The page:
Government Secrecy

The FAS Project on Government Secrecy works to reduce the scope of official secrecy and to promote public access to national security information by seeking reform of national security classification and declassification policies.

The Project also publishes previously undisclosed or hard-to-find government documents of public policy interest, as well as resources on intelligence policy. The Project is directed by Steven Aftergood.

Government Secrecy Links

Government Secrecy

Congressional Oversight in Theory and in Practice

The rudiments of Congressional oversight — its legal basis, its functions, and the diverse forms it takes — are concisely described in a newly updated report from the Congressional Research Service. “Congressional oversight refers to the review, monitoring, and supervision of federal agencies, programs, activities, and policy implementation…. Congress’s oversight… Read More

NSA: Redacting With Confidence

The National Security Agency has issued new guidance to assist officials in redacting (censoring) documents in Microsoft Word format and producing unclassified Adobe Portable Document (PDF) files without inadvertently disclosing sensitive information. “MS Word is used throughout the DoD and the Intelligence Community (IC) for preparing documents, reports, notes,… Read More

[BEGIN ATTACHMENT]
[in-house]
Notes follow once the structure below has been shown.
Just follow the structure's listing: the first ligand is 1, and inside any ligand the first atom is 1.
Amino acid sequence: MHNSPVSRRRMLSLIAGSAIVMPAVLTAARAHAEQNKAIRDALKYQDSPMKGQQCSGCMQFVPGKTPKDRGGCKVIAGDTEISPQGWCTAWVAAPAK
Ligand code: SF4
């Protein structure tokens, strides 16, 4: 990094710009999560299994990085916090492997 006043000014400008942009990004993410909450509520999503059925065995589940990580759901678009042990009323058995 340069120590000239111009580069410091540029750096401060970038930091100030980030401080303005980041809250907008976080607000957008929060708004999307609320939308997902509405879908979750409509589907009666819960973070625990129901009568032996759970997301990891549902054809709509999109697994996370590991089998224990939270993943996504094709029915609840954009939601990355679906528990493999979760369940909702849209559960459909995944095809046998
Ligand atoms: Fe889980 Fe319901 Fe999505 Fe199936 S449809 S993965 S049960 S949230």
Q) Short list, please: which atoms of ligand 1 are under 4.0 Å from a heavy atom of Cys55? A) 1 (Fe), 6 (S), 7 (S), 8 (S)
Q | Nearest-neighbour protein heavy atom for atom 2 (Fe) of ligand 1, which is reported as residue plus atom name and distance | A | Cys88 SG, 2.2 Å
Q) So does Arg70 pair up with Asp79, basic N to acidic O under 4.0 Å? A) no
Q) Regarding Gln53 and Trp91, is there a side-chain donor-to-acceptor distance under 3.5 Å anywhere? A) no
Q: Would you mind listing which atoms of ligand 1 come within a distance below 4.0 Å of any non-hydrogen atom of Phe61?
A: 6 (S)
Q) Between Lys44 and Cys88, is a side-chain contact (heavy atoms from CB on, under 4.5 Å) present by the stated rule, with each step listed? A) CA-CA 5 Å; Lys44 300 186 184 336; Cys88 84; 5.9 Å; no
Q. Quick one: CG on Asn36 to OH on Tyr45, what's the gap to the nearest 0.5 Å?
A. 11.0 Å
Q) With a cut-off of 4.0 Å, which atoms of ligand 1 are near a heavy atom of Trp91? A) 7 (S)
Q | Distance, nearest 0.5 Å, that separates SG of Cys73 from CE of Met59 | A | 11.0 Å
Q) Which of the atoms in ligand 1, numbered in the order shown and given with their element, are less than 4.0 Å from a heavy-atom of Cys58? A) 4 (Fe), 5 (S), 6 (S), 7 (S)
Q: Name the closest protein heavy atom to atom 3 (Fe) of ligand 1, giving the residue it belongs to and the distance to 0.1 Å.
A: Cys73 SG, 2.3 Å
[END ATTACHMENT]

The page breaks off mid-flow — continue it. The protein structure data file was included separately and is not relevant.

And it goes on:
The Legal Significance of Presidential Signing Statements

When he signed the 2006 Defense Appropriations Act, which included a prohibition against torture of detainees in U.S. custody, President Bush issued a signing statement implying that he could disregard the new prohibition in his capacity as commander in chief. “The executive branch shall construe [the statute], relating to detainees,… Read More

Justice Dept Issues White Paper on NSA Surveillance

The Department of Justice renewed its legal defense of warrantless domestic intelligence surveillance by the National Security Agency in a 42 page white paper transmitted to Congress yesterday. The white paper essentially reiterates at greater length the previous defenses articulated by the Bush Administration: (1) the surveillance action was authorized… Read More

The Four Faces of Nuclear Terrorism

This report examines the threat of nuclear terrorism and the possibility of terrorist groupsobtaining weapons-usable fissile materials to create a nuclear device. Read More

Missions for Nuclear Weapons after the Cold War

This report examines all the missions proposed for U.S. nuclear weapons and finds conventional weapons are better in most cases. The report calls for reducing and restructuring the United States’ and Russia’s nuclear forces and giving up the push for a new generation of nuclear weapons including “bunker busters.” Read More